Neurogenic tumours arise from the neural crest which differentiates into the Schwann cells and the sympathicoblasts. The Schwann cells give rise to neurofibroma and neurilemmoma (Schwannoma). A schwannoma is a slow growing solitary and encapsulated tumour attached to a nerve. Degenerative changes such as cystic alterations and haemorrhagic necrosis are seen in schwannoma 1 whereas such changes are not seen in neurofibroma. Schwannoma may arise from any cranial or spinal nerve that has a sheath i.e., any motor or sensory nerve other than the optic and the olfactory nerves which do not have the Schwann cell sheath. Schwannoma was first established as a pathological entity by Verocay in 1908 who later called it neurinoma in 1910. Later the term neurilemmoma 3 was coined by Stout in 1935. Para pharyngeal space is the site of schwannoma in head and neck region accounting for 25-40% of all reported patients. The first case of neurilemmomma within the Para pharyngeal space was reported in 1933 by Figi. Other sites in the head and neck like submandibular space, paranasal sinuses, cheek and, oral cavity are rare.

The size of the tumour may vary from few mm to over 24 cms. The clinical signs and symptoms vary according to the anatomic site of the tumour in the head and neck. Majority of the patients present with a painless mass and pain may be present only in few cases. Other symptoms may be difficulty in breathing(nose), dysphagia(pharynx), epistaxis (PNS), hoarseness (larynx)or only a swelling in the neck(Para pharyngeal space). The swelling is freely mobile in soft tissues, but when it is connected to a large nerve or trunk there is restriction of the movements, even primary nerve of origin may be entirely encompassed within the tumour. The schwannoma may arise at any age and there is no gender or race [7]. It has been reported that in the nose and paranasal sinuses, maxillary branches of trigeminal nerve, intranasal nerve and branches of autonomic nervous system may be the site of origin. In the neck, the schwannoma has been divided into medial and lateral group. Medial group arises from the last four cranial nerves and cervical sympathetic chain. Lateral group arises from the cervical nerve trunk, cervical plexus and the brachial plexus. Schwannoma may also originate from vagus nerve, sympathetic chain or the glossopharyngeal nerve [7]. A case has been presented in submandibular region which shows atypical site of origin [8].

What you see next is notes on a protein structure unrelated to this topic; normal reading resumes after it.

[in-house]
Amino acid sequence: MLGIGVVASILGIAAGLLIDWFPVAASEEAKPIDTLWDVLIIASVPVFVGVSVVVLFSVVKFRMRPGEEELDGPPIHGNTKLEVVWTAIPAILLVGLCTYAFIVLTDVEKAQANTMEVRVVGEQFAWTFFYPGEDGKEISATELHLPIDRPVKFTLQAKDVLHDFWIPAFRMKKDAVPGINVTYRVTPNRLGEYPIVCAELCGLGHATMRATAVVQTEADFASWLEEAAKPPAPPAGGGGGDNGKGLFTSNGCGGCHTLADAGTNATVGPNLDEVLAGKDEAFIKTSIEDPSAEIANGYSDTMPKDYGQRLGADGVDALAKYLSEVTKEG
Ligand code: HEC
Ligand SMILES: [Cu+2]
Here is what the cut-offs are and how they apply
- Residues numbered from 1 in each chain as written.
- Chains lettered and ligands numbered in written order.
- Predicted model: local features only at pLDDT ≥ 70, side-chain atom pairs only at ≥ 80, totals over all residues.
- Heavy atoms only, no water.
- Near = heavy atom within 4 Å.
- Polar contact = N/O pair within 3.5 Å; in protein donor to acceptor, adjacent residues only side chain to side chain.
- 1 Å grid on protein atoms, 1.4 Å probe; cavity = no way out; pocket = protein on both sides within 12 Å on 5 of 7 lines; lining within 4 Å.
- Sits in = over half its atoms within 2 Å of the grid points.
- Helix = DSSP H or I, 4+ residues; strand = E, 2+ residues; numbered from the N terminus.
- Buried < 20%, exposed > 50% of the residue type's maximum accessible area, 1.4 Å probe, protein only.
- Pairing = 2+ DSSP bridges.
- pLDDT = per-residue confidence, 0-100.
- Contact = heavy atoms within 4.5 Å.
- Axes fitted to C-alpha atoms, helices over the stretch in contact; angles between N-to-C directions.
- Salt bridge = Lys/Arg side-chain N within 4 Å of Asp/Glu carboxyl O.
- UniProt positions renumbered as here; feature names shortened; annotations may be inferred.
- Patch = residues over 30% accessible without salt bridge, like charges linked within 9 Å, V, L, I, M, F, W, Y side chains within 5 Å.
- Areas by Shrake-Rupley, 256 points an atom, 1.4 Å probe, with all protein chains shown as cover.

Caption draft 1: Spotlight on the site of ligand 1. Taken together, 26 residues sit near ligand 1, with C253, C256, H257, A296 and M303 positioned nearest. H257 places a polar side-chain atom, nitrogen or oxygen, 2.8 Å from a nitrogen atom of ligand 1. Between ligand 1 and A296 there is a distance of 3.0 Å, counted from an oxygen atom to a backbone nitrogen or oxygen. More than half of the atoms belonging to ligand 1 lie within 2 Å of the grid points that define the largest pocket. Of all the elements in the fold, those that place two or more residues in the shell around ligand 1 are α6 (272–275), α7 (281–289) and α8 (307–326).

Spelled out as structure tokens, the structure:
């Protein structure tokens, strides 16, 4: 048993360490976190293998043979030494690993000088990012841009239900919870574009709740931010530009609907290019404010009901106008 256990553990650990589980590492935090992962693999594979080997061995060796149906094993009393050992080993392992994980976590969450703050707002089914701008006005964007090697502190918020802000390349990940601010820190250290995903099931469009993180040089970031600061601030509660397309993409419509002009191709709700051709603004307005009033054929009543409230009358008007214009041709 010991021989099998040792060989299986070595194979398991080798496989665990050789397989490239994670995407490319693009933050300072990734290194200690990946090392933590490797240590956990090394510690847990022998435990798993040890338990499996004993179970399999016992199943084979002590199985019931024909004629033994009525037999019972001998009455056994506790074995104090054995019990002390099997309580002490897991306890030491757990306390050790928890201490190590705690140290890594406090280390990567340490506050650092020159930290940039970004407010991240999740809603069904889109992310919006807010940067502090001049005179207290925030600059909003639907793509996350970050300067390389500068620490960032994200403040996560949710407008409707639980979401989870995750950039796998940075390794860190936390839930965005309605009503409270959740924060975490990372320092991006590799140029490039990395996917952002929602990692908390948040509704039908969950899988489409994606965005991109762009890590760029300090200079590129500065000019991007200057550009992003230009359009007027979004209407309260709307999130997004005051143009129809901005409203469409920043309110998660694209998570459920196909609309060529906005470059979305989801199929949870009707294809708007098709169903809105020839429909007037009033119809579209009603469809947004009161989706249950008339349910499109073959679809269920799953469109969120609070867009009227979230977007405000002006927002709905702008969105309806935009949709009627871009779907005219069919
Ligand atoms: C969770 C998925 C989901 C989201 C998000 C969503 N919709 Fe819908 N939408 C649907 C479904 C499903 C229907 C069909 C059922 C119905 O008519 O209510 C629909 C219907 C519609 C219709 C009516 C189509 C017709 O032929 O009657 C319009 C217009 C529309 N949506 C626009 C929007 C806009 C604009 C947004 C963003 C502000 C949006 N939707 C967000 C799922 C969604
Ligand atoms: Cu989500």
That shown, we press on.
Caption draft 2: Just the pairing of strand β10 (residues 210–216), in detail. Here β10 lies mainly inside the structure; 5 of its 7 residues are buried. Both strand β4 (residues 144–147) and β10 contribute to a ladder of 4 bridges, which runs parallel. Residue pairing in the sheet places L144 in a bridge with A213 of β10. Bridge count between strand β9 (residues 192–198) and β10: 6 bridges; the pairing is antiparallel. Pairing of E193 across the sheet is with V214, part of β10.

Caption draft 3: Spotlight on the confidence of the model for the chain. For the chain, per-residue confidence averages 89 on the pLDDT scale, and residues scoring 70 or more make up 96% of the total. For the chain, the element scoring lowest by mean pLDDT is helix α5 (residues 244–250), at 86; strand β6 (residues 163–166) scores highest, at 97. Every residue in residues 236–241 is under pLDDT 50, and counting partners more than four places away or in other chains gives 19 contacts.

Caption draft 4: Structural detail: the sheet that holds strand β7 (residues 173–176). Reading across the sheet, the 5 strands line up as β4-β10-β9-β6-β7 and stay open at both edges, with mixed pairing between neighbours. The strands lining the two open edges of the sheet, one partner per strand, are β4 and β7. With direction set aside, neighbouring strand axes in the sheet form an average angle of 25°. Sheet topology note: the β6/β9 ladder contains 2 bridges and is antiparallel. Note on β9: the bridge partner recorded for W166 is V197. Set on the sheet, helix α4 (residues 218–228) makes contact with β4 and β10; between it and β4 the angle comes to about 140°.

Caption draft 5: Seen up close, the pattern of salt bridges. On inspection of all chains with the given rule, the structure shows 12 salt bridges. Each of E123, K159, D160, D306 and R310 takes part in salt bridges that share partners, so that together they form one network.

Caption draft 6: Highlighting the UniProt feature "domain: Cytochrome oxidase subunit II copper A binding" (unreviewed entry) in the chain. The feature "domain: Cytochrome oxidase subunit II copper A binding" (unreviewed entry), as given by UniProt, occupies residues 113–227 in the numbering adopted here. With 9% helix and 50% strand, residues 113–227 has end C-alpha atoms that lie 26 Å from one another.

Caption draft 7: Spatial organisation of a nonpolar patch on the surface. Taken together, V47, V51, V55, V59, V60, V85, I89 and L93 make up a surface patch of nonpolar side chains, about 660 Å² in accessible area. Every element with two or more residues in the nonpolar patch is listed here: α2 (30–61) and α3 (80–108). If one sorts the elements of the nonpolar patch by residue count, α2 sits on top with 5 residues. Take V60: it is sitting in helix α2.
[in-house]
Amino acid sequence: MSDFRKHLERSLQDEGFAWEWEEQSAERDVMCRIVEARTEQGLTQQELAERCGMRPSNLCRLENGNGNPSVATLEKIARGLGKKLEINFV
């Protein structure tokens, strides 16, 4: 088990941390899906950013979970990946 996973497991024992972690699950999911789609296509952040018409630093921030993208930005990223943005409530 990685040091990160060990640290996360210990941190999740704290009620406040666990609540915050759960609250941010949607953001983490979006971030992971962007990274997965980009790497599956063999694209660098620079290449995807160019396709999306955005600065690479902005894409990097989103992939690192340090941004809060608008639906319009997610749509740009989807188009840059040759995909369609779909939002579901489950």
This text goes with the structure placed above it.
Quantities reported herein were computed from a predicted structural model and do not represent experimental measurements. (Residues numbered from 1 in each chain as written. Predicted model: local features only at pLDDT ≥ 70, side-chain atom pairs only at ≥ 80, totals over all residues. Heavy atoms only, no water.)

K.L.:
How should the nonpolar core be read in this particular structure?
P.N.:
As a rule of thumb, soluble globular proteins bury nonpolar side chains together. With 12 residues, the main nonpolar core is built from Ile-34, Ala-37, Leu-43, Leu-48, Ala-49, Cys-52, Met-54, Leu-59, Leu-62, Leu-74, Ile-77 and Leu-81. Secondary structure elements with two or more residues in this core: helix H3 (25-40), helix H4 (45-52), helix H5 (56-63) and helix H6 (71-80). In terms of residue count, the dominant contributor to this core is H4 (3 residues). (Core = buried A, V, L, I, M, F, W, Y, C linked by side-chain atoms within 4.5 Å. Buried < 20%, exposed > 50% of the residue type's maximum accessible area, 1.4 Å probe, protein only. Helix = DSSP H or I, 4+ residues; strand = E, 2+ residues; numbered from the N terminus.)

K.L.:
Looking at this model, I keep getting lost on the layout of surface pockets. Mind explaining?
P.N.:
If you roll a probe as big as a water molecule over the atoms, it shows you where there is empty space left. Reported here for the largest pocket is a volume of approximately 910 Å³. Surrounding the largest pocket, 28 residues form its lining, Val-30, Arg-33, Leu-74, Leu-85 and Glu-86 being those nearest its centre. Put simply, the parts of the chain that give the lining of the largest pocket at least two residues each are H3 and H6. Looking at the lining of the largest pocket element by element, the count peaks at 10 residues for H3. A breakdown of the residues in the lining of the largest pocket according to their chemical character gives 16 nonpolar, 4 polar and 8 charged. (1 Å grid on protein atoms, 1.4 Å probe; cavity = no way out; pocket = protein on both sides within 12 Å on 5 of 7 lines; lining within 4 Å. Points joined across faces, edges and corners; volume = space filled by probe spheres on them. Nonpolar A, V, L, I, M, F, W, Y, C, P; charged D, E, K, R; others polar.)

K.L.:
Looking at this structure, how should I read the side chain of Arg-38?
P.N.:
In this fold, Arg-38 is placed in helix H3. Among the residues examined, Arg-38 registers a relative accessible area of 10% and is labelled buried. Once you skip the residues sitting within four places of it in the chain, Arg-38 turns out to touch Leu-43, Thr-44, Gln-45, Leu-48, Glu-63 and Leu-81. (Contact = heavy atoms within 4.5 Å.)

The preoperative diagnosis of schwannoma in the head neck region is difficult. Most of the investigations like FNAC, CT or Magnetic resonance Imaging (MRI) are generally done. MRI possesses many advantages and has excellent soft tissue contrast, three dimensional modelling. On the other hand, CT is useful where bone is involved like pteryrgoid plates or bone of posterior wall of maxillary sinus [9].

Treatment is surgical excision, trans cervical approach (for post styloid compartment) [9]. The tumour is radio resistant and the possibility of the malignant change of the benign tumour is extremely rare. Radiotherapy should be reserved for palliation only in cases of inoperable tumours [7].

Histopathologically it has typical presentation. Diagnostic features include a fibrous capsule, hyaline vessels, cellular (Antoni A) and loose textured (Antoni B) areas, Verocay bodies (opposing rows of spindle nuclei separated by anucleate rows of eosinophilic processes). Retrogressive changes are common in large, old tumours, and include “degenerative nuclear atypia,” vascular sclerosis and haemorrhage as well as occasional micronecroses. Micro cyst formation, some with a pseudo epithelial lining of plump Schwann cells may also be seen [10].


Cervical schwannomas, which most often present as asymptomatic unilateral neck masses, are rare tumours. The preoperative diagnosis may be difficult and it is often not made until the time of surgery. The definitive diagnosis relies on clinical suspicion and histopathological confirmation. In the treatment of head and neck schwannomas, complete surgical excision with appropriate approaches is efficient. It is important bearing in mind possible vagal or sympathetic chain injury. Local recurrence is extremely rare.


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Citation: Das J, Saha J, Dutta S, Manickam A (2016) Cervical Schwannoma- A Case Report. Otolaryngol (Sunnyvale) 6:229. Doi: 10.4172/2161-119X.1000229

Copyright: © 2016 Das J, et al. This is an open-access article distributed under the terms of the Creative Commons Attribution License, which permits unrestricted use, distribution, and reproduction in any medium, provided the original author and source are credited.

Review summary

  1. Darnell
    Posted on Oct 26 2016 at 9:23 pm
    The manuscript is simple, but interesting and important to the area, presented in a reproducible manner and pointing to the limitations